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This Goofy Gun: The Winchester 9410

No, the goofball who took this photo was not high on black powder smoke. Why that's a Winchester 9410 lever-action shotgun!

No, the goofball who took this photo was not high on black powder residue. Why, that's a Winchester 9410 lever-action shotgun!

Today’s pop quiz! What do the following have in common?

  • Ben Cartwright
  • John Moses Browning
  • Saiga-12 Auto Shotguns

Give up?

It’s the Winchester 9410 lever-action shotgun!

Now that doesn't look right...a .410 bore stamp on the barrel?

Now that doesn’t look right…a .410 bore stamp on the barrel?

Admittedly, the Cartwright clan had access to guns from the future, as they shot an awful lot of Winchester 1892s, which is only two different than the 1894 design we’re talking about here. Close enough. For this pop quiz anyway.

Continuing to refine his lever-action designs, John Browning designed the Winchester 1894 in, you guessed it, 1894. It’s one of the most popular rifles in history, with over seven million produced between 1894 and 2006, with those made between 1980 and 2006 technically being manufactured by the U.S. Repeating Arms Company under the Winchester brand.

One can consider the Winchester 9410 a predecessor of magazine-fed shotguns like the Saiga. But unlike the Saiga, variants of which are used by some military and law enforcement forces around the world, the biggest things the 9410 will be taking on are rabbits or clay targets, as long as they’re not too far away. And you can only do that fast as you can work the lever—up to 10 times without reloading.

As you’ve figured out, the Winchester 9410 is closely modeled after the Winchester 1894 rifle, with a few necessary differences. Slender, slick, and a natural pointer, the 9410 acts a lot like its ancestor. It’s pure joy to handle and shoot. A couple of the major differences (besides the fact that it’s a freakin’ shotgun!) are a specially-designed extractor/ejector for controlled ejection of .410 hulls and a tang-mounted safety added to the ’94 family in 2003.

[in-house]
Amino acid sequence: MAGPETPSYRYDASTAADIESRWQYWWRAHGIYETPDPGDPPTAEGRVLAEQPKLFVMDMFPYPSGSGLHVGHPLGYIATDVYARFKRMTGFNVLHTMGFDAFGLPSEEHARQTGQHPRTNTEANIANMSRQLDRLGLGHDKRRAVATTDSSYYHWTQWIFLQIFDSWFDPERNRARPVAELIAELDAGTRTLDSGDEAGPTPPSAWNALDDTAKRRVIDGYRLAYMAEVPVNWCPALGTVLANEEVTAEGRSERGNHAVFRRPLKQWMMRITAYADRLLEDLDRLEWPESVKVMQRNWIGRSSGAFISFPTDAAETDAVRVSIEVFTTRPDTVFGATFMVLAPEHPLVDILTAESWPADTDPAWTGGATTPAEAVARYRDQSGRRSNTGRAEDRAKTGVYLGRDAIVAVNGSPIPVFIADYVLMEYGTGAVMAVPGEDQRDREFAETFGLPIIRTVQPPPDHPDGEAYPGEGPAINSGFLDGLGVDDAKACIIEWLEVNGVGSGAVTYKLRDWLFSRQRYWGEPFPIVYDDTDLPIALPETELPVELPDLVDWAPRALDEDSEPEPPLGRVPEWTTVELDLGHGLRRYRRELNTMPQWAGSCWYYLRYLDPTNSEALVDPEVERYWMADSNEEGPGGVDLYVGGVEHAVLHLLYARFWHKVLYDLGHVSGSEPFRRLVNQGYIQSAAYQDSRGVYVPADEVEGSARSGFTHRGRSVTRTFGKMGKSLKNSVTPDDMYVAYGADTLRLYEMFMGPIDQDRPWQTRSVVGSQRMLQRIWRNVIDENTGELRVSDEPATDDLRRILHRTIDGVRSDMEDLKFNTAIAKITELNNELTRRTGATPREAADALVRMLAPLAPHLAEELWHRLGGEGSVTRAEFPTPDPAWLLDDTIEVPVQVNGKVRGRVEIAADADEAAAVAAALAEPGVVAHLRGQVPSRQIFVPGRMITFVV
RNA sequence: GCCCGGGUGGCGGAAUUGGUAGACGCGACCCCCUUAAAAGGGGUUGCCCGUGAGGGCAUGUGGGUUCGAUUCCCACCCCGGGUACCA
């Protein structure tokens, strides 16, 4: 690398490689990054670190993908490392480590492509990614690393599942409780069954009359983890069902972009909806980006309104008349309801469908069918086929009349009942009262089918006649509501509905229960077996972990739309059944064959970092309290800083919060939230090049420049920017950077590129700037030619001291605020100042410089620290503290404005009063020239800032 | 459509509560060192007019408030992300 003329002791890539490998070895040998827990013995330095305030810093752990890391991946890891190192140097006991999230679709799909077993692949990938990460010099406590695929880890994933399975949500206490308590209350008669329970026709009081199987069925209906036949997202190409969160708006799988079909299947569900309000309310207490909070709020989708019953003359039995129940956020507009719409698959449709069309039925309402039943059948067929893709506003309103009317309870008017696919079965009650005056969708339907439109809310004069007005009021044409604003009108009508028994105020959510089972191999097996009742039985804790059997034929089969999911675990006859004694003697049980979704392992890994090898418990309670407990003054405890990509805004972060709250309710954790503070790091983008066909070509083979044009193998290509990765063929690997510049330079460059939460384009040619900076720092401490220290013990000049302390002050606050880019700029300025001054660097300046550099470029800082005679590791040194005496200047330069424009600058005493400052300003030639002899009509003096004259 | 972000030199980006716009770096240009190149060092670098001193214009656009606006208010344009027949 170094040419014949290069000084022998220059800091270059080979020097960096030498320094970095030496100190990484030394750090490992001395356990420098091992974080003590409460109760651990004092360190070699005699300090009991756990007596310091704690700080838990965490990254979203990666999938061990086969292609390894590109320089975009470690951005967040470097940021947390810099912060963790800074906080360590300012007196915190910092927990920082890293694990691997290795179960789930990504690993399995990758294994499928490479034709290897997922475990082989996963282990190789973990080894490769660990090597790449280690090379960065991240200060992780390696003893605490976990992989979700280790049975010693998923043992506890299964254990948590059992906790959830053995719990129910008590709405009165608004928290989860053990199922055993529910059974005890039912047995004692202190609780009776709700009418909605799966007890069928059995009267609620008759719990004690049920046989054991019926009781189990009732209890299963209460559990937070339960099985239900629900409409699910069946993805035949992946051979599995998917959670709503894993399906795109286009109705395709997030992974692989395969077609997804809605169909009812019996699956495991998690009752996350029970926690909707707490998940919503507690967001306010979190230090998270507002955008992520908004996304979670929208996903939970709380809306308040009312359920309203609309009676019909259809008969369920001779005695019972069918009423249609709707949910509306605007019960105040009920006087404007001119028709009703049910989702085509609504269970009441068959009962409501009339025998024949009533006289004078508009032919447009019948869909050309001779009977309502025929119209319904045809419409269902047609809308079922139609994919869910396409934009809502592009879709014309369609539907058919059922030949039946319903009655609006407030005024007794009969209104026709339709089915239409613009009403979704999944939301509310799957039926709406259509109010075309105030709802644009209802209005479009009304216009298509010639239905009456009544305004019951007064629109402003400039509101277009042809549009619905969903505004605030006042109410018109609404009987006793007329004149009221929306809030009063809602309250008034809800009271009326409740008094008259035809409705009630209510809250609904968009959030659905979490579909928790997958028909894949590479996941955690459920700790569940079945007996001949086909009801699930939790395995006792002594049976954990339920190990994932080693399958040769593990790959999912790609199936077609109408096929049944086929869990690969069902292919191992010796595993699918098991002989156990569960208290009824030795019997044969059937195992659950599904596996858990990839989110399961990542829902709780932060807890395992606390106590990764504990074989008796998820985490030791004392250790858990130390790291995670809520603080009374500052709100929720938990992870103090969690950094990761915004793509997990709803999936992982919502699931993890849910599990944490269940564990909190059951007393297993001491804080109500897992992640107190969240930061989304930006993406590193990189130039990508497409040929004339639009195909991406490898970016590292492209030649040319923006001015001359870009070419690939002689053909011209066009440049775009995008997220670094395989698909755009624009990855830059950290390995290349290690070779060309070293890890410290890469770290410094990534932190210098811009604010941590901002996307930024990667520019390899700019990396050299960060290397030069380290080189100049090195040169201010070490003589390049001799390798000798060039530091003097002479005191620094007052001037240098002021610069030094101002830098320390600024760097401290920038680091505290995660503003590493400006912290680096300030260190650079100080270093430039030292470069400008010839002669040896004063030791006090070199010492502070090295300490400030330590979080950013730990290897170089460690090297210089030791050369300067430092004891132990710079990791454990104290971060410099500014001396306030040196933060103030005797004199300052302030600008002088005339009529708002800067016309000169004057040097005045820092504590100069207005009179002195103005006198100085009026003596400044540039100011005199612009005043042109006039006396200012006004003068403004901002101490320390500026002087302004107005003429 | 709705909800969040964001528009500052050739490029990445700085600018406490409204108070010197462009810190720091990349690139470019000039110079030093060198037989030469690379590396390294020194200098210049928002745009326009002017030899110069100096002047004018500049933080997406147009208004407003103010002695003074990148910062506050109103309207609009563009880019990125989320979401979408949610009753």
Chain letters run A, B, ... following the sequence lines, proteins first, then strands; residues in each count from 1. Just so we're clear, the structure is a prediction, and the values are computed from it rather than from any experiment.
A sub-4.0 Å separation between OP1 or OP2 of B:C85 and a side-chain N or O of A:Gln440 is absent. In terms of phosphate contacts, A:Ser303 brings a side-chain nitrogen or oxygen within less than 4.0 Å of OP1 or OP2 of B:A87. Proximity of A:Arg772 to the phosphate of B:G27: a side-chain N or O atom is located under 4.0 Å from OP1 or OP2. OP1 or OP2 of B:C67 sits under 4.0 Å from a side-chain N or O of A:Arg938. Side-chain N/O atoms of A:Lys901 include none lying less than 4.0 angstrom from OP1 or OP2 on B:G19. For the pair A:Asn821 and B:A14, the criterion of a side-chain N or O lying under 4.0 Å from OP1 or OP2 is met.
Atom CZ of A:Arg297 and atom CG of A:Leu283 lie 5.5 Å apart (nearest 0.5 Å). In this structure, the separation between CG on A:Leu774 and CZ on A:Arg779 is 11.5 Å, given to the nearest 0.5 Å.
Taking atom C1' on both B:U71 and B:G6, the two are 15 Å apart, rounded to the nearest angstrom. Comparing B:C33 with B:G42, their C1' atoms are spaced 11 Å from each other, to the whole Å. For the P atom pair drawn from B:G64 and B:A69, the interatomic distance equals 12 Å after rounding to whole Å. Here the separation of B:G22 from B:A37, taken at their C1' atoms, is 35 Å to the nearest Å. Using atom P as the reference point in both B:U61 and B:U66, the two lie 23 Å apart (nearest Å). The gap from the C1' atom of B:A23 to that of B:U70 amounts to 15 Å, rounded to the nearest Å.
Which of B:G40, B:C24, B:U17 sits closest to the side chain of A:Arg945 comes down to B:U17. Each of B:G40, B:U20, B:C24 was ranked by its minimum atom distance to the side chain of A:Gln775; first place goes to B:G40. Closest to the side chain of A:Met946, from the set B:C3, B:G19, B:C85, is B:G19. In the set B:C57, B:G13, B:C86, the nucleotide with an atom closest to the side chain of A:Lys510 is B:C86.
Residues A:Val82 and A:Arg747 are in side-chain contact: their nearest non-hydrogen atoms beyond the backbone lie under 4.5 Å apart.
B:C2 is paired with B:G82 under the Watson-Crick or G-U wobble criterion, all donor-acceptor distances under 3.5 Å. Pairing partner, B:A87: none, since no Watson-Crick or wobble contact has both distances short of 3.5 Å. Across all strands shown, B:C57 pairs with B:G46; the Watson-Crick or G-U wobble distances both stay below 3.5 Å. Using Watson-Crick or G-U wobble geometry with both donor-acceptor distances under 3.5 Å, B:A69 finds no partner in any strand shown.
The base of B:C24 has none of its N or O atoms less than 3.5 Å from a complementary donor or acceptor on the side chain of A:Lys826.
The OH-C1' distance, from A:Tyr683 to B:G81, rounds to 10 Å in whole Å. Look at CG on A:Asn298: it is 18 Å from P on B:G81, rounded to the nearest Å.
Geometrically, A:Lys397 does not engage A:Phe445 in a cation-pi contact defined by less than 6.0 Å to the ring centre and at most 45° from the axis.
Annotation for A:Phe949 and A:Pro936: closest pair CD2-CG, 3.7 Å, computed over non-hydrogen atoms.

One of the modern additions is the TruGlo fiber-optic front sight. It works like a champ!

One of the modern additions is the TruGlo fiber-optic front sight. It works like a champ!

Two major variations of the 9410 were produced: the Traditional and Packer lines, with each line having a couple of mostly cosmetic variations. The Packer offered a magazine tube only three-fourths the length of the Traditional, giving the shotgun a five-shell capacity, including one in the chamber. The Traditional models, like the one shown here, featured a nine-round tube capacity plus one in the chamber. All models accommodate 2-1/2-inch .410 shells only.

Like the original, its sights are open for speed. An adjustable “V” rear sight is mounted on the barrel just forward of the receiver. Unlike the original, the front sight is a TruGlo fiber optic tube. The sights are easy to acquire and therefore fast and effective.

The action is designed to eject .410 hulls to the right side, so as not to interfere with a mounted scope. This is perhaps the one dubious feature on this gun, as I can’t for the life of me figure out why someone would want to mount a scope on this happy fun gun. But if you insist, the receiver is also pre-tapped for scope mounts.

Some 9410 models feature the Invector Choke System, while others are pure cylinder bore. The one shown here came with a handful of Invector chokes: full, modified, and improved cylinder. The best overall solution for shot and slugs seems to be the improved cylinder choke. I’ve found the full and modified chokes tend to throw some erratic patters while the improved cylinder choke seems to work consistently with various type of shot and .410 slugs.